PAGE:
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Course Requirements

General Course Requirements

Each year, the American Dental Education Association (ADEA) publishes the ADEA Official Guide to Dental Schools, which details admissions requirements, data and contact information for every accredited dental school in the US and Canada. Purchasing this guide includes a one-year subscription to the companion online Dental School Explorer. It is important to use these guides along with the schools' websites for the most up-to-date information. Access to the ADEA Dental Explorer alone may be obtained at no extra cost to members of the UGA Pre-Dental Society. Information on how to join the Pre-Dental Society may be found here.

Although requirements do vary from program to program, dental schools generally require the following courses:

  • One year of inorganic/general chemistry with lab (CHEM 1211/L and 1212/L)
  • One year of organic chemistry with lab (CHEM 2211/L and 2212/L)
  • One year of biology with lab (BIOL 1107/L and 1108/L)
  • One year of physics with lab (PHYS 1111/L and 1112/L or PHYS 1211/L and 1212/L) (Not on the DAT)
  • One year of English (ENGL 1101 and ENGL 1102)

DISCLAIMER: This is not a definitive list of the classes you will need for every school.  Always check with the individual schools to see their specific requirements.  (Please note: currently two-thirds of the U.S. dental schools require biochemistry). Most schools strongly recommend additional hours in upper division biological sciences. It is important to realize that schools may alter their requirements from cycle to cycle. Please be mindful of the requirements of the schools you are interested in applying to. Double-check the school's admission webpage. You can also reach out to each school's admissions counselors for answers to specific questions not addressed on their webpage.

Additionally, some schools require courses in biochemistry, microbiology, physiology, calculus, statistics, psychology, English, and the humanities. (Please note: currently two-thirds of U.S. dental schools require biochemistry). Most schools strongly recommend additional hours in upper division biological sciences. It is important to realize that schools may alter their requirements from cycle to cycle. Please be mindful of the requirements of the schools you are interested in applying to. Double-check the school's admission webpage. You can also reach out to each school's admissions counselors for answers to specific questions not addressed on their webpage.

Which GPAs does the AADSAS calculate?

ADEA AADSAS uses the information which you have entered in the coursework section of your application to calculate several tables of GPAs for each applicant. A thorough discussion of ADEA AADSAS GPA calculations may be found here. For a list of courses that are considered under the BCP (biology, chemistry, and physics) and science GPAs, please refer to the AADSAS course list.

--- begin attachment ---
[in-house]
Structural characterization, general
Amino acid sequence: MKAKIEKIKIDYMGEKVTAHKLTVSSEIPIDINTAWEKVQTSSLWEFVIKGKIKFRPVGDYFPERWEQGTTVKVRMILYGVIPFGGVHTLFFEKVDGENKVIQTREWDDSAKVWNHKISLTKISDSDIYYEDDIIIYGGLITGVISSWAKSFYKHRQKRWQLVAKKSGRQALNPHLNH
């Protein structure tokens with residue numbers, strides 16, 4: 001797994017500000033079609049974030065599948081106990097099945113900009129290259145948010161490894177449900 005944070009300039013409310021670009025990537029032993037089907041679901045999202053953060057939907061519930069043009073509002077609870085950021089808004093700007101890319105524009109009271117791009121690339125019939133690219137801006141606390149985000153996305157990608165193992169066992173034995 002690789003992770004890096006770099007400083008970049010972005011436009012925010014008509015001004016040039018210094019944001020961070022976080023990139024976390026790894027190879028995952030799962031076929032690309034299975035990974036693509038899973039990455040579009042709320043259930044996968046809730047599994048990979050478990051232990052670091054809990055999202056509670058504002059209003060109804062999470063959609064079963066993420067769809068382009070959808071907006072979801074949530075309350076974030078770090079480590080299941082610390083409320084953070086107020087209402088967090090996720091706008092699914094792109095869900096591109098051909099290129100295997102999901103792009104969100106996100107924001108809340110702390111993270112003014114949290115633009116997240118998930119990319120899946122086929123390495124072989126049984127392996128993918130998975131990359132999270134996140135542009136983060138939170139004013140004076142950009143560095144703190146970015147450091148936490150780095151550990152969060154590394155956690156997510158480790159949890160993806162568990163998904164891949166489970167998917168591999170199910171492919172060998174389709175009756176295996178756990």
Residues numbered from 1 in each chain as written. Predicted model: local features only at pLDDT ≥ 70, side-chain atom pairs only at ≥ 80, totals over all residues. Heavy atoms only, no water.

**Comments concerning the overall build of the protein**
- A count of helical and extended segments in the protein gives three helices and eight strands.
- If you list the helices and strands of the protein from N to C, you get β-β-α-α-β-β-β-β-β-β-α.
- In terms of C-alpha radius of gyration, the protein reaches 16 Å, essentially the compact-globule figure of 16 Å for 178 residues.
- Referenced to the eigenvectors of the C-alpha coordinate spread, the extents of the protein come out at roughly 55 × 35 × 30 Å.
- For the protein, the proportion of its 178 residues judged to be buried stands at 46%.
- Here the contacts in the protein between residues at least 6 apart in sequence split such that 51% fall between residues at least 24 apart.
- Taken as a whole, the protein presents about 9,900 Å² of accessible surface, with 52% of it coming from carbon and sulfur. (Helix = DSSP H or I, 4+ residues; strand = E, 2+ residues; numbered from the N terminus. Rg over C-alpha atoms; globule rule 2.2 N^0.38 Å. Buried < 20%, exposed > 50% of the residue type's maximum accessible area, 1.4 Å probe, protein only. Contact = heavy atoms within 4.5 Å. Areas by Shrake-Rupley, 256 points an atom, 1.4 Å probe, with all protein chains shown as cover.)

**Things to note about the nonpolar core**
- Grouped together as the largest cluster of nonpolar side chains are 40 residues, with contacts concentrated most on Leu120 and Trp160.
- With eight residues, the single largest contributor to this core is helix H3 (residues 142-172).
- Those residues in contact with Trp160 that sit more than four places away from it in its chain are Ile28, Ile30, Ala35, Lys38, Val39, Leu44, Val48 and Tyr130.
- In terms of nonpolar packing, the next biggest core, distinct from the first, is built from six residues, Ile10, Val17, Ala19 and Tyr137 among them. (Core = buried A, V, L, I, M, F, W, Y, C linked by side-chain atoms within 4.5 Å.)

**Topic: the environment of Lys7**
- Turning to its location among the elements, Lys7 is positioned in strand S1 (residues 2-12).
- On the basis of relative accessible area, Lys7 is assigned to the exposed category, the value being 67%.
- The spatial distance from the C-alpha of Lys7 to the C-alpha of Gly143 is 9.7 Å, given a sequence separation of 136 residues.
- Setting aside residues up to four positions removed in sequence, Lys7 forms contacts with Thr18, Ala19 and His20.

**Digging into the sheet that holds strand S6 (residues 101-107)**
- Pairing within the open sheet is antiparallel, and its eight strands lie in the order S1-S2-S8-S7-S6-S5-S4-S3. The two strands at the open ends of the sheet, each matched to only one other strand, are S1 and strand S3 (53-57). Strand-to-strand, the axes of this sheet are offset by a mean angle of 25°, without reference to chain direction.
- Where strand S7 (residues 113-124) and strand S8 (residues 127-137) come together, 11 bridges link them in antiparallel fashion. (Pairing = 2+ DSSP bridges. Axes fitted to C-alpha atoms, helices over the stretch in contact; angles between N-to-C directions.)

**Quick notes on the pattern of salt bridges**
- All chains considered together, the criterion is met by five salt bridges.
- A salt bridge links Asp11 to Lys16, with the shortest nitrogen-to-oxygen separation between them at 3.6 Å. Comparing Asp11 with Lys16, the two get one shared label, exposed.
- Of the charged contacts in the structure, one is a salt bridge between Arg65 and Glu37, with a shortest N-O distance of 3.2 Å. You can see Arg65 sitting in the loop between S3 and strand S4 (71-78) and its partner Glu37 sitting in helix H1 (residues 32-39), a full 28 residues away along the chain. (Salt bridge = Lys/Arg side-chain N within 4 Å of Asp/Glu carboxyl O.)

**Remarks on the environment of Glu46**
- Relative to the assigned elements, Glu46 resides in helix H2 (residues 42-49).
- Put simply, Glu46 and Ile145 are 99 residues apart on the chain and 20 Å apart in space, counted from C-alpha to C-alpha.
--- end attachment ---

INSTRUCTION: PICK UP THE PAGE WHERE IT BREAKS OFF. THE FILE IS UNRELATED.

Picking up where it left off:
AP Credit & Substitutions

Most schools have policies regarding advanced placement (AP) credit. Some schools restrict the use of such credit in fulfillment of pre-requisite requirements. In these cases, schools will often allow you to take additional upper-level courses in the science areas where AP credit was received. The policies for each dental school and their admission requirements, generally, can be found in the ADEA Official Guide to Dental Schools. Please review the websites of your target dental schools for the most up-to-date and complete information.

The Numbers Matter and so do Grade Trends 

If you wish to enter a dental program you need to have a strong science and overall GPA. Admissions committees also look for trends on your transcript—so all is not lost if you stumble your first semester or two, as long as you show substantial improvement each subsequent year.  However, they will also notice negative trends such as consistently withdrawing from or performing poorly in hard sciences or completing them away from your home institution.  While an instance or two is not a deal-breaker, a pattern of behavior will be.  You must demonstrate the ability to handle difficult scientific content.

Should I major in Biology?

Although a life-science major such as Biology may offer the most practical route to completing the requirements for admission into dental school, you are not limited to only the life science majors. It is more important that you choose a major that best fits your interests.  As long as you show proficiency in the sciences (via pre-requisites and the DAT) and a general pattern of challenging yourself, your major is largely unimportant to admission committees.